LEAVE label;

Ideally, the LEAVE statement should be placed between an IF/END IF so that you can test for the desired exit condition.  In the following example, the loop prints the numbers one to ten at which point, our IF test executes the LEAVE statement:

SET i=1;
 loop_loop: LOOP
     SET i=i+1;
     SELECT i;
     IF i=10 then
         LEAVE loop_loop;
     END IF;
 END LOOP loop_loop;

The ITERATE statement can also be included in LOOP loops to immediately begin the next loop iteration, without executing any of the remaining statements in the loop. ITERATE is like the continue statement in PHP, C/C++, and Java; it has pretty much the same syntax as LEAVE:

ITERATE label;

Here's a variation of the previous example that includes the ITERATE statement.  It's a stored procedure that accepts an INT parameter as the start number in our n to 10 output.  As long as i is less than ten, the ITERATE loop_loop; statement returns to the top of the loop before the LEAVE statement can be executed.  As soon as i hits eleven or more, the IF doesn't catch it and the LEAVE statement causes the loop to exit:

   loop_loop: LOOP
     SET i = i + 1;
     IF i <= 10 THEN
       SELECT i;
       ITERATE loop_loop;
     END IF;
     LEAVE loop_loop;
   END LOOP loop_loop;

Exiting Nested Loops

The inclusion of the label with the LEAVE and ITERATE statements comes in especially handy for managing the execution of nested loops.  Here is a two-level nested loop that prints the squares of a chess board, where rows are numbered from 1 to 8 and columns from a to h respectively:

 row_loop: LOOP
     SET col=1;
     col_loop: LOOP
         SELECT concat(row, char(col + 96)); --'a' starts at ascii 97
         SET col=col+1;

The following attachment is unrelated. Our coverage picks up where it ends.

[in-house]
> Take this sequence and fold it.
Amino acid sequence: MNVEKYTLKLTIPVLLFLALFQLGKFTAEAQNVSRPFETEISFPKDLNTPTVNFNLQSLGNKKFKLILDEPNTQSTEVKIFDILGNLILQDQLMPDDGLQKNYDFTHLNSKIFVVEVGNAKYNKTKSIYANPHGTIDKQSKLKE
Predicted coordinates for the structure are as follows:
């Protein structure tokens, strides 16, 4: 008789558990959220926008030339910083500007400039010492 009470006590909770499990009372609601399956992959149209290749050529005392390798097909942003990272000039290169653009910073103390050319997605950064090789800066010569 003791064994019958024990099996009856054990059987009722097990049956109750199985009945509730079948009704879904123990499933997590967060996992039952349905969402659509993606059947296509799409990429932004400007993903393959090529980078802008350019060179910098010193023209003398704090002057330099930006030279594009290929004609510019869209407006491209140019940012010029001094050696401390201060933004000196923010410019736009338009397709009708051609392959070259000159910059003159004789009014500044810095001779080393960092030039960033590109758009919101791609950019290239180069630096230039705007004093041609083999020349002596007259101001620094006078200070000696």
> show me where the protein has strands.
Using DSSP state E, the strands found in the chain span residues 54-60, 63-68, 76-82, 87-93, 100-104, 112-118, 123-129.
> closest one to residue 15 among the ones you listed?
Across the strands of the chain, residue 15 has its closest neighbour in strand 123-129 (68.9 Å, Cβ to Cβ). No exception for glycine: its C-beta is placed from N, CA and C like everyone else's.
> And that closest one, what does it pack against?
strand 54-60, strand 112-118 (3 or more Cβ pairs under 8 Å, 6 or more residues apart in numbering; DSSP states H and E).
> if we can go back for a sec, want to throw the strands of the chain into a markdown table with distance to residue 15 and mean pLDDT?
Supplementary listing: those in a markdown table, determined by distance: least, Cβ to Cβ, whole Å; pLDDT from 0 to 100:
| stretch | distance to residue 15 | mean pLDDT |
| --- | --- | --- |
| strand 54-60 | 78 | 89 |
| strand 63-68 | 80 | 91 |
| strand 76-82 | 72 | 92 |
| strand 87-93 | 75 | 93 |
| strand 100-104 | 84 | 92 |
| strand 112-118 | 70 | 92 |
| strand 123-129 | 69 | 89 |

IF col>8 THEN
             LEAVE col_loop;
         END IF;
     END LOOP col_loop;
     SET row=row+1;
     IF row>8 THEN
         LEAVE row_loop;
     END IF;
 END LOOP row_loop;

Using Cursors

A cursor is a special kind of loop for traversing through an SQL resultset one row at a time. That allows us to perform operations on every record on a one-by-one basis. Just like loops, cursors are only supported within stored procedures and functions.  

Here’s a stored procedure to give you a taste of cursors and how they are utilized.  It fetches employee IDs and names from the employee table and stores them in variables.  In a real stored proc, something more would likely be done with them.  For now, just look at how a loop is used to populate the @id and @name variables as well as the CONTINUE HANDLER that sets the exit_loop flag:

 CREATE PROCEDURE cursor_proc()
   DECLARE @id   VARCHAR(10);
   DECLARE @name VARCHAR(255);
   -- this flag will be set to true when cursor reaches end of table
   DECLARE exit_loop BOOLEAN;         
   -- Declare the cursor
   DECLARE employee_cursor CURSOR FOR
     SELECT id, name FROM employees;
   -- set exit_loop flag to true if there are no more rows
   -- open the cursor
   OPEN employee_cursor;
   -- start looping
   employee_loop: LOOP
     -- read the name from next row into the variables 
     FETCH  employee_cursor INTO @id, @name;
     -- check if the exit_loop flag has been set by mysql, 
     -- close the cursor and exit the loop if it has.
     IF exit_loop THEN
         CLOSE employee_cursor;
         LEAVE employee_loop;
     END IF;
   END LOOP employee_loop;
 END $$


A cursor should be reserved for those rare instances where you can’t retrieve all of the data that you want using individual queries. You’d be surprised how often a well-crafted query or two will work! We'll explore the use of cursors in more detail soon enough.

See all articles by Rob Gravelle